Public health workers, who are accustomed to quietly operating in the background to protect communities from health threats, have had to shift strategies during the COVID-19 pandemic, sometimes with mixed success.

In a Tuesday virtual town hall, public health, policy and business leaders from across the U.S. shared their experiences working amid partisan politics, misinformation, threats to their authority and other barriers to keeping communities safe from COVID-19. 

While the pandemic is leading to sometimes-hostile environments for health workers, Eduardo Sanchez, MD, chief medical officer for prevention at the American Heart Association, said it is helpful to remember that the public health mission is a force for good, and it has always been challenging. Major public health accomplishments such as motor vehicle safety, tobacco use and occupational health came after lengthy battles, but were worth the commitment.

“That work, in any one of those areas, was really, really hard work,” he said. “We who are interested in the public’s health have learned how to swim upstream against strong currents.”Public health authority town hall webinar discussion

Speakers during the town hall — which was hosted by APHA, the Alliance for Disease Prevention and Response, and the COVID Collaborative — emphasized the important role public health plays in keeping communities safe and healthy, especially in difficult times. 

“The dichotomy between my authority as health commissioner and the necessary collaborations with federal, state and community partners — each with their own political interests and ideas of how to best respond — has played out in unexpected and challenging ways,” said Mysheika Roberts, MD, MPH, health commissioner for Ohio’s Columbus Public Health. 

An early example of such a challenge came as Columbus drastically restricted attendance at a March 2020 athletic weightlifting event. The decision was made to prevent the spread of COVID-19, but it came at the cost of millions of tourism dollars. Officials wrestled with the economic cost at a time when cases of COVID-19 had not yet been detected in the state, but decided in the end to trust recommendations from public health officials.

That trust has not held steady throughout the pandemic, however. Over time, the Ohio Legislature has chipped away at the authority of local public health leaders in the state, restricting preventive guidance and requirements for masking, vaccinations and school or business closures.

Ohio is one of many states and communities that have stripped authority from public health agencies and officials during the pandemic, which could have troubling long-term ramifications.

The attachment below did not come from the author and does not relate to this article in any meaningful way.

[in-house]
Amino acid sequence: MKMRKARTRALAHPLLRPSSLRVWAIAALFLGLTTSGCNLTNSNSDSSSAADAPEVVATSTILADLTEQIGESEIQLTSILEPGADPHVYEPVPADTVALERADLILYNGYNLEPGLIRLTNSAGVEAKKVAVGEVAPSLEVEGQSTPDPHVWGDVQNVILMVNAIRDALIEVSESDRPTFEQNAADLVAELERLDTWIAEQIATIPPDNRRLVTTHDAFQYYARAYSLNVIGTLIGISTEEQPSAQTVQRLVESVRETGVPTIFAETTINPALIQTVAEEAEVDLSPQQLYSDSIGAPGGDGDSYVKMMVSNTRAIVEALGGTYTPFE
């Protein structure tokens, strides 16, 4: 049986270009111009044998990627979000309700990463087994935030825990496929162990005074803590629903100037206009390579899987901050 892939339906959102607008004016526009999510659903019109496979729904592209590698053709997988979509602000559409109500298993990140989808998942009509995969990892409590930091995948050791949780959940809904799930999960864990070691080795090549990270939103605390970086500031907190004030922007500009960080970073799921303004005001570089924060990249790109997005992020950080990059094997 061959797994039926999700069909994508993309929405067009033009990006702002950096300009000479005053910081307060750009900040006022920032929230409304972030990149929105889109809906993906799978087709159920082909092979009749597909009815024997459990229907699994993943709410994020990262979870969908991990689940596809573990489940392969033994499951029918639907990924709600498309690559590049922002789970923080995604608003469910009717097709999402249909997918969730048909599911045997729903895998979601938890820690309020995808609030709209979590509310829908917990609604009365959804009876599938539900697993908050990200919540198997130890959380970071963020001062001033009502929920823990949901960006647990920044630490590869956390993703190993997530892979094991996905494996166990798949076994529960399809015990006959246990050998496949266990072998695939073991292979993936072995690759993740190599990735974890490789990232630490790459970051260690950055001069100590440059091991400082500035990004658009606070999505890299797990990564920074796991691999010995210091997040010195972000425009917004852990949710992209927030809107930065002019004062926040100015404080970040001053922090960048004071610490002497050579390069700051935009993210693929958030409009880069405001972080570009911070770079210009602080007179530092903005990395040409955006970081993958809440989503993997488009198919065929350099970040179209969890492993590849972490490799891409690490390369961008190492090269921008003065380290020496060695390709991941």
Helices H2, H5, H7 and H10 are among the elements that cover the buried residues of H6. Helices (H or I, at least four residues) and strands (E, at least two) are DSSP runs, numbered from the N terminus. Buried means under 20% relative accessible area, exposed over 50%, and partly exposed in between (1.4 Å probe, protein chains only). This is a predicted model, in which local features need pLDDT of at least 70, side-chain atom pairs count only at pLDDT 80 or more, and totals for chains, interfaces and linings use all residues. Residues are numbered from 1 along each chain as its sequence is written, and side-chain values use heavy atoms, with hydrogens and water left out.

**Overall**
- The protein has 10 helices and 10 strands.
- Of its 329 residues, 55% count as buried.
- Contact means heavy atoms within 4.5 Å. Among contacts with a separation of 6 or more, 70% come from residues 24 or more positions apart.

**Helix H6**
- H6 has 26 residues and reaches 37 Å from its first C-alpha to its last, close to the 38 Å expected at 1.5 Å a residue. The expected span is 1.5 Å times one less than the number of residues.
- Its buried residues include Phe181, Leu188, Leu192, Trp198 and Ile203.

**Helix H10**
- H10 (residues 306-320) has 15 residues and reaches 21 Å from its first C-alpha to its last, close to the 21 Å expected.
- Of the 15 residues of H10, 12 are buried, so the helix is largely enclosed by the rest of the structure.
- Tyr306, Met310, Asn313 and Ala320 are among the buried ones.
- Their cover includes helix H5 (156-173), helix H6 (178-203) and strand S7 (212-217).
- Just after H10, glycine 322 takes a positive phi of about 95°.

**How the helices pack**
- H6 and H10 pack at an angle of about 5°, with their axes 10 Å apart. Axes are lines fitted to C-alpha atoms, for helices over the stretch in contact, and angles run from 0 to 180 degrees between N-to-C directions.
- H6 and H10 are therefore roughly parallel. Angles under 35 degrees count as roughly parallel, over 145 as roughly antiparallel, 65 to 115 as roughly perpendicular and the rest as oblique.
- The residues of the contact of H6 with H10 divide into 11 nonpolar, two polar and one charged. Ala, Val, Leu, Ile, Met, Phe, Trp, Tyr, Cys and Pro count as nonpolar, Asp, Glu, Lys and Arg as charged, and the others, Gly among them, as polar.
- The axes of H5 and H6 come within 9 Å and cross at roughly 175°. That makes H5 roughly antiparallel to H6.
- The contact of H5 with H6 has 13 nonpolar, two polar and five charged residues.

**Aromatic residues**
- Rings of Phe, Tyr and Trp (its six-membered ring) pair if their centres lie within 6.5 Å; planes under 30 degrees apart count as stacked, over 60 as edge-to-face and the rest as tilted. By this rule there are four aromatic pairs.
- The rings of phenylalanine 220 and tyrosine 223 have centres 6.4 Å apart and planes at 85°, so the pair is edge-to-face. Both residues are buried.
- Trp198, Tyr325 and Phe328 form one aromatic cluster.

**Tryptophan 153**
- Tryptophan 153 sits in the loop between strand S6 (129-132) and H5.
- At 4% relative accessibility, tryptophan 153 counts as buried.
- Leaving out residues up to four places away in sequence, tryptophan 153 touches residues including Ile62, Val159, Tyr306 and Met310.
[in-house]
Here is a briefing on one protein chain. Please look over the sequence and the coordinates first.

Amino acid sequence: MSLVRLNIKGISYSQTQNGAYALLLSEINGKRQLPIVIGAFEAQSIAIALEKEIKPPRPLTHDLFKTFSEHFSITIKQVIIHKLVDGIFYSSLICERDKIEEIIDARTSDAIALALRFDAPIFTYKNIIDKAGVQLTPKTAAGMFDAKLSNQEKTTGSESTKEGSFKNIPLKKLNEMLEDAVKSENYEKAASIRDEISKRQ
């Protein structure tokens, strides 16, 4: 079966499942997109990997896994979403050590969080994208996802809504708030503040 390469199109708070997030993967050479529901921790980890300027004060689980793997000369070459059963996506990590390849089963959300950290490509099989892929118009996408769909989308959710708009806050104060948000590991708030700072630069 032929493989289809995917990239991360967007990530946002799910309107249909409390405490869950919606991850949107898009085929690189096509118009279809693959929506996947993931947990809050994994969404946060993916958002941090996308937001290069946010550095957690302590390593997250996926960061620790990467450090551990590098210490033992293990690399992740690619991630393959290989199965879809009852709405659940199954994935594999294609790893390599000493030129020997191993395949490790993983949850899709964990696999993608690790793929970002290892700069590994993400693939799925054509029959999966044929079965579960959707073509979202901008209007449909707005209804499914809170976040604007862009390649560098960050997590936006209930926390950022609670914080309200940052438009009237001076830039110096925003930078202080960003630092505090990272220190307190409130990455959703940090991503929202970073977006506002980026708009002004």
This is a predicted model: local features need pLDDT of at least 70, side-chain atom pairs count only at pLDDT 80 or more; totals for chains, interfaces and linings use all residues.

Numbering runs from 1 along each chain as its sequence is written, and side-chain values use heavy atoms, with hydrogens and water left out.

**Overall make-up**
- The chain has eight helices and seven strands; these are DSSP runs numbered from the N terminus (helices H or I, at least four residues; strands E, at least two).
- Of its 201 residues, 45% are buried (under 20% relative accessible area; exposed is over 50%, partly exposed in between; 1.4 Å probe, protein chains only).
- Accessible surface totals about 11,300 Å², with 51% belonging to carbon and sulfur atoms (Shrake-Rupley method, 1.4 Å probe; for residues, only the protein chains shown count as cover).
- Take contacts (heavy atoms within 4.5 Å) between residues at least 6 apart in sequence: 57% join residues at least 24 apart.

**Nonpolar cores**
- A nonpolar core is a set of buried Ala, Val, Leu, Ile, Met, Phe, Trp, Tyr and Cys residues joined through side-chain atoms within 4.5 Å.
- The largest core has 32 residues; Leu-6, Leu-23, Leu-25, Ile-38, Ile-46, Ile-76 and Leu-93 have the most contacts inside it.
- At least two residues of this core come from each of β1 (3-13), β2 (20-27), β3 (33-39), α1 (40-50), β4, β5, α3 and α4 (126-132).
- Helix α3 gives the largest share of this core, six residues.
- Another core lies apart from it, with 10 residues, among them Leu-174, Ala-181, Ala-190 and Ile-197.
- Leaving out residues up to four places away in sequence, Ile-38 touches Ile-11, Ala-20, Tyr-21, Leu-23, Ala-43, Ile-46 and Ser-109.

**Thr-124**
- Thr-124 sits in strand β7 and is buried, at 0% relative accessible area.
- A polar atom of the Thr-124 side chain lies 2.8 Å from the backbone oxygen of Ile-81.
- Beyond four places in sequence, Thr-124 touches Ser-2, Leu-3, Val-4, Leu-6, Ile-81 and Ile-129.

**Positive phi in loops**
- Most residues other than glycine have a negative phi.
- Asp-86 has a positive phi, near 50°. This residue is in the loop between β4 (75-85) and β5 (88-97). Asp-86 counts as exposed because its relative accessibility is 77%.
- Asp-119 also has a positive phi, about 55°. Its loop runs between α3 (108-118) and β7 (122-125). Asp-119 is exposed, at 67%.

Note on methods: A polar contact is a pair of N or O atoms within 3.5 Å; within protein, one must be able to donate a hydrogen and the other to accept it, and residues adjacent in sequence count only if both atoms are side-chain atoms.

“As written, they will have broader impact, as they will limit the ability of state executive branches or local departments of health from taking action in the future,” said panelist Hemi Tewarson, JD, MPH, executive director of the National Academy for State Health Policy.

In some parts of the U.S., however, the trend has gone the other way, with laws strengthening public health authority formalized and codified, Tewarson said. One common approach has been to establish commissions and advisory bodies to make recommendations regarding public health emergency response to the pandemic.

“We can learn a lot from what we have done during this pandemic — where there have been some successes and where there are a lot of areas that could use some improvement,” she said. “Our public system was not ready to take on what it was presented with.”

Among the potential missteps, according to Michael Leavitt, former governor of Utah and secretary of the U.S. Department of Health and Human Services, was a failure to grasp the reasons behind resistance to public health guidance. The problem for some is not disagreement on science or safety, but the role government plays in daily life, Leavitt said. Listening to the roots of concerns and addressing them directly can help.

“When we confront those (who oppose public health policy), open up to the real issue: ‘What I hear you saying is that you don’t like the government telling you what to do,’” he said.

In Indiana, the state executive branch has lessened resistance from some lawmakers by making their work more transparent. Frequent, regular reports and meetings have kept the process open — and led to more successes, said Luke Kenley, JD, a former state senator who serves on the Governor's Public Health Review Commission. The body was established in August to improve the delivery of public health services in Indiana.

“We think that transparency and sharing our story is the best way to do this,” Kenley said.

To watch a recording of the town hall, visit APHA’s website. For more information about challenges to public health authority and information on how to get involved, contact the Alliance for Disease Prevention and Response.

From left, Frank Sesno, director of strategic initiatives at George Washington University School of Media and Public AffairsLuke Kenley, JD, and Mysheika Roberts, MD, MPH, take part on Tuesday in APHA's virtual town hall.